The results indicate that a subpopulation of long-lived, label-retaining epithelial cells (LRECs) is present in immortal premalignant cell populations. These LRECs persist during pregnancy, retain their original DNA, and a small percentage express ER-α and PR. We speculate that LRECs in premalignant hyperplasia represent the long-lived (memory) cells that maintain these populations indefinitely.
In 1975, John Cairns proposed that, during the division of stem/progenitor cells, the template DNA strand of a parent cell is nonrandomly retained, whereas the newly synthesized strand is selectively segregated to a daughter cell . As a result of this mechanism of asymmetric division, any spontaneous mutations or errors that may develop during DNA replication would occur in the newly synthesized strand and be passed along to the daughter cell, reducing the accumulation of genetic errors and, subsequently, cancer risk of the long-lived parent cell. In addition, this type of scheme would allow the survival and maintenance of progenitor "stem" cells that are capable of producing expendable daughter cells. Since then, many investigations have been carried out providing support for Cairns "immortal DNA strand" hypothesis [2–4] that include, among others, cells of the mammary gland and intestine [5, 6].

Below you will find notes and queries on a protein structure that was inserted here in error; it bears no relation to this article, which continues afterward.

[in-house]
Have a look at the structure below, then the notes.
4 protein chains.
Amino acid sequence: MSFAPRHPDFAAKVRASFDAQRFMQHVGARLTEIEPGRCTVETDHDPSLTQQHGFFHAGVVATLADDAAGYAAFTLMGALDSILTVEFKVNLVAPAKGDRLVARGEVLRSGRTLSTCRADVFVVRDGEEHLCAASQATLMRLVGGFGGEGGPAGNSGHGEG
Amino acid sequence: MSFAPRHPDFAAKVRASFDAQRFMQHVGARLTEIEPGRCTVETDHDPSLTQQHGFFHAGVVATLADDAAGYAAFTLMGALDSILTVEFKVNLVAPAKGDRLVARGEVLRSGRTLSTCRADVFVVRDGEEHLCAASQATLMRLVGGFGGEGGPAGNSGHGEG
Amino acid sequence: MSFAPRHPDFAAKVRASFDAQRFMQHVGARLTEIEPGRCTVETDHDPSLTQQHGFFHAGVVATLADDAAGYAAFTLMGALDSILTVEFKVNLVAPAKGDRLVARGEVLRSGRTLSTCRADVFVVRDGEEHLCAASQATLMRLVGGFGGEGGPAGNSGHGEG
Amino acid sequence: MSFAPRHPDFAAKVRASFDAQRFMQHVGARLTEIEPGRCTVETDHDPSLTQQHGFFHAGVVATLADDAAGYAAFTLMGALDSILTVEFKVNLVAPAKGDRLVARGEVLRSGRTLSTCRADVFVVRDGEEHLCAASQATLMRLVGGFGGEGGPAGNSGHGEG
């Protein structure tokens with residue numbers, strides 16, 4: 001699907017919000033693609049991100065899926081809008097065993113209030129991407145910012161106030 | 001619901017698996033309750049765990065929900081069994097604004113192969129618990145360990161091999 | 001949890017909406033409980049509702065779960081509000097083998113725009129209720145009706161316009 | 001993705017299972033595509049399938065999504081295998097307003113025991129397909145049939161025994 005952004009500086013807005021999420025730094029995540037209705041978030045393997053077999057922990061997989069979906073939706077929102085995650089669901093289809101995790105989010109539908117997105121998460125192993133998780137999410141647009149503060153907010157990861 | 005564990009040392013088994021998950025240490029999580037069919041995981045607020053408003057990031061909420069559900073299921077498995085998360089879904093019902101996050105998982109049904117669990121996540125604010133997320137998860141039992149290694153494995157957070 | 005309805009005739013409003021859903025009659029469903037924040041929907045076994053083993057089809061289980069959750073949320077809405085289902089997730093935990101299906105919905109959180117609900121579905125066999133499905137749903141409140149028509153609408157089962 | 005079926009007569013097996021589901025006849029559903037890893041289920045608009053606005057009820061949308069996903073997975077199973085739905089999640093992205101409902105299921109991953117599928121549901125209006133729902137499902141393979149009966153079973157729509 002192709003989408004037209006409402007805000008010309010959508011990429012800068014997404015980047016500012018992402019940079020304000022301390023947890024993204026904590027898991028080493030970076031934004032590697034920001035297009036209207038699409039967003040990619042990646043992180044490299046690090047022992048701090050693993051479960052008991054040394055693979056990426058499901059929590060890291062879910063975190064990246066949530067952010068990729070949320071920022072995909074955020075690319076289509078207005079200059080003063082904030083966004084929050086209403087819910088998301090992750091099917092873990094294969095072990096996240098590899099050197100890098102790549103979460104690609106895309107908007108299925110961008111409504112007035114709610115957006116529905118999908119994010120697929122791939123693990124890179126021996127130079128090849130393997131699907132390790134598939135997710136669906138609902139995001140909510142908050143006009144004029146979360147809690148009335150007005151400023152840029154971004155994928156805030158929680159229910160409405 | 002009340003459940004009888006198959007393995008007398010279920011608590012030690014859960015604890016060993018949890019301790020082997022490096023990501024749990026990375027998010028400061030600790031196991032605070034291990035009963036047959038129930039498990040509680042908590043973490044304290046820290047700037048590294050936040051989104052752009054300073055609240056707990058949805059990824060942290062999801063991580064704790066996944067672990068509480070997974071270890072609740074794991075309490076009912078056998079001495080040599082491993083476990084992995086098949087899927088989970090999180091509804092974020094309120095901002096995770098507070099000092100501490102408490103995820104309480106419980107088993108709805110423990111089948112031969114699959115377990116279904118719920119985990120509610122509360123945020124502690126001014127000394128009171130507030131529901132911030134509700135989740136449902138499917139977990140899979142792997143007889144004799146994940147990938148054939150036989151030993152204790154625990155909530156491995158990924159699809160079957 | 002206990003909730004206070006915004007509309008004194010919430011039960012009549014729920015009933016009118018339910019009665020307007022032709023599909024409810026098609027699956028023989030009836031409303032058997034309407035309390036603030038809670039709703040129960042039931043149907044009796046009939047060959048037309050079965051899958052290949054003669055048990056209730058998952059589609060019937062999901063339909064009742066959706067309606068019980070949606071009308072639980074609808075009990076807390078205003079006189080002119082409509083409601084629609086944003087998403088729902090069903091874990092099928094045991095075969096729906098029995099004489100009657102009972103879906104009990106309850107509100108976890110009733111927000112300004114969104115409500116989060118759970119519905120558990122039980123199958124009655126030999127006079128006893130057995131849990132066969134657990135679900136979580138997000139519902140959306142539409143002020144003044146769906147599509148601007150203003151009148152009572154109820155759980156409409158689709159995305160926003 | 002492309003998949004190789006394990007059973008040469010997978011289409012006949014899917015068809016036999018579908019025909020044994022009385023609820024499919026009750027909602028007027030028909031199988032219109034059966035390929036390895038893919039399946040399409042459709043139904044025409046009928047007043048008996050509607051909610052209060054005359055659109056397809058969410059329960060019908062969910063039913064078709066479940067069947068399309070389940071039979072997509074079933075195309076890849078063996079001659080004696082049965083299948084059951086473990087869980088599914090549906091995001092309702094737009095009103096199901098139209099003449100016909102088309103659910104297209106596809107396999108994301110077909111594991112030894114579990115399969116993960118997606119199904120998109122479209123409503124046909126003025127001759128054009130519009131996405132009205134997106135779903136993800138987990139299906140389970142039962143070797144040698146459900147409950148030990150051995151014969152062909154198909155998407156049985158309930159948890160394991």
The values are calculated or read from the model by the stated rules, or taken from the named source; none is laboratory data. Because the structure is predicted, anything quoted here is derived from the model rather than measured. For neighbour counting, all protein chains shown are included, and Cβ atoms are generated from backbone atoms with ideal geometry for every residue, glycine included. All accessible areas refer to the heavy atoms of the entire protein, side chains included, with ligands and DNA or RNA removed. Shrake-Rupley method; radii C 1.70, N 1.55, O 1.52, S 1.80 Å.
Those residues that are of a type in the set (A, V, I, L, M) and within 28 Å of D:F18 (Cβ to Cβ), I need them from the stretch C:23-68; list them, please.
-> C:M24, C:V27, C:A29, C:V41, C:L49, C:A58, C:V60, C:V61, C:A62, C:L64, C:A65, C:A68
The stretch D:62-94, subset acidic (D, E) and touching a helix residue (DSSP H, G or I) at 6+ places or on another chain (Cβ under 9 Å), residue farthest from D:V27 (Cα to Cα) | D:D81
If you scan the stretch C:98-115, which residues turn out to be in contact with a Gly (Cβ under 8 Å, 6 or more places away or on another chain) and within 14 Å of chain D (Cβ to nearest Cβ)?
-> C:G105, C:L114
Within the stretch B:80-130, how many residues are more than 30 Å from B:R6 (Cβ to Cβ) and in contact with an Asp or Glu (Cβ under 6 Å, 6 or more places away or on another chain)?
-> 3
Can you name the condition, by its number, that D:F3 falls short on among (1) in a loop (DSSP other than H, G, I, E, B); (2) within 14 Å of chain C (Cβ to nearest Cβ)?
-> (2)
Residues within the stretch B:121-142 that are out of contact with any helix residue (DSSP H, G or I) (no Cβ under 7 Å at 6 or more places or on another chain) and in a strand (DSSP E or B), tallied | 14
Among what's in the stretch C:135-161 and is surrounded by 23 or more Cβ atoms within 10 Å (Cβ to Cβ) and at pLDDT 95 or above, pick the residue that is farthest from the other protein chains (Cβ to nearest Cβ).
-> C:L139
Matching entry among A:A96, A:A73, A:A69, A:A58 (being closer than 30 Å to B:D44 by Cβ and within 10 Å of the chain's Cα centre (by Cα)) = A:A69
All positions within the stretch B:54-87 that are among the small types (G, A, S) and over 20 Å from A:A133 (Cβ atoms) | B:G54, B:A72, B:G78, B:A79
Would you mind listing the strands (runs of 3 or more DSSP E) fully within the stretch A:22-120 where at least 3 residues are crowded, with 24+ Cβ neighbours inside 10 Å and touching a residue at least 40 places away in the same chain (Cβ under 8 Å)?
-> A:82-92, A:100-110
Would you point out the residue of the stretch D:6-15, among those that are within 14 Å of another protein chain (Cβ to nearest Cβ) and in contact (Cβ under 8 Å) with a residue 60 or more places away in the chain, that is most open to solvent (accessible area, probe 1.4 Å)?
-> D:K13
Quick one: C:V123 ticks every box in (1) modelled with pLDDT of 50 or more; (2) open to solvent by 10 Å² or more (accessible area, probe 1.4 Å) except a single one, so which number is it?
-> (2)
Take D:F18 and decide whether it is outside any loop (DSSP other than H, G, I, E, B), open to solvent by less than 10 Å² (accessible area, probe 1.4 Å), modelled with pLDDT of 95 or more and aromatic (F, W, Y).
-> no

The mammary gland is a unique organ that matures in the adult mammal by successive rounds of proliferation and apoptosis [7, 8]. To accomplish this feat, a subpopulation of cells with regenerative properties is present in the gland. It was postulated that if mammary "stem" cells were present, these cells would retain an exogenously applied label, being then identified as the "longer-lived" cells of a population due to either mitotic quiescence or selective DNA segregation . Although the state of differentiation was not clear (for example, pluripotent versus multipotent), it was evident that the mouse mammary epithelium contained cells that were the progenitors of the tissue . It was found that some of these mammary progenitor cells were capable of retaining their label, and thus their template DNA strand, while they traversed the cell cycle . Newly synthesized DNA was found to be distributed to daughter cells as a result of asymmetric cell division .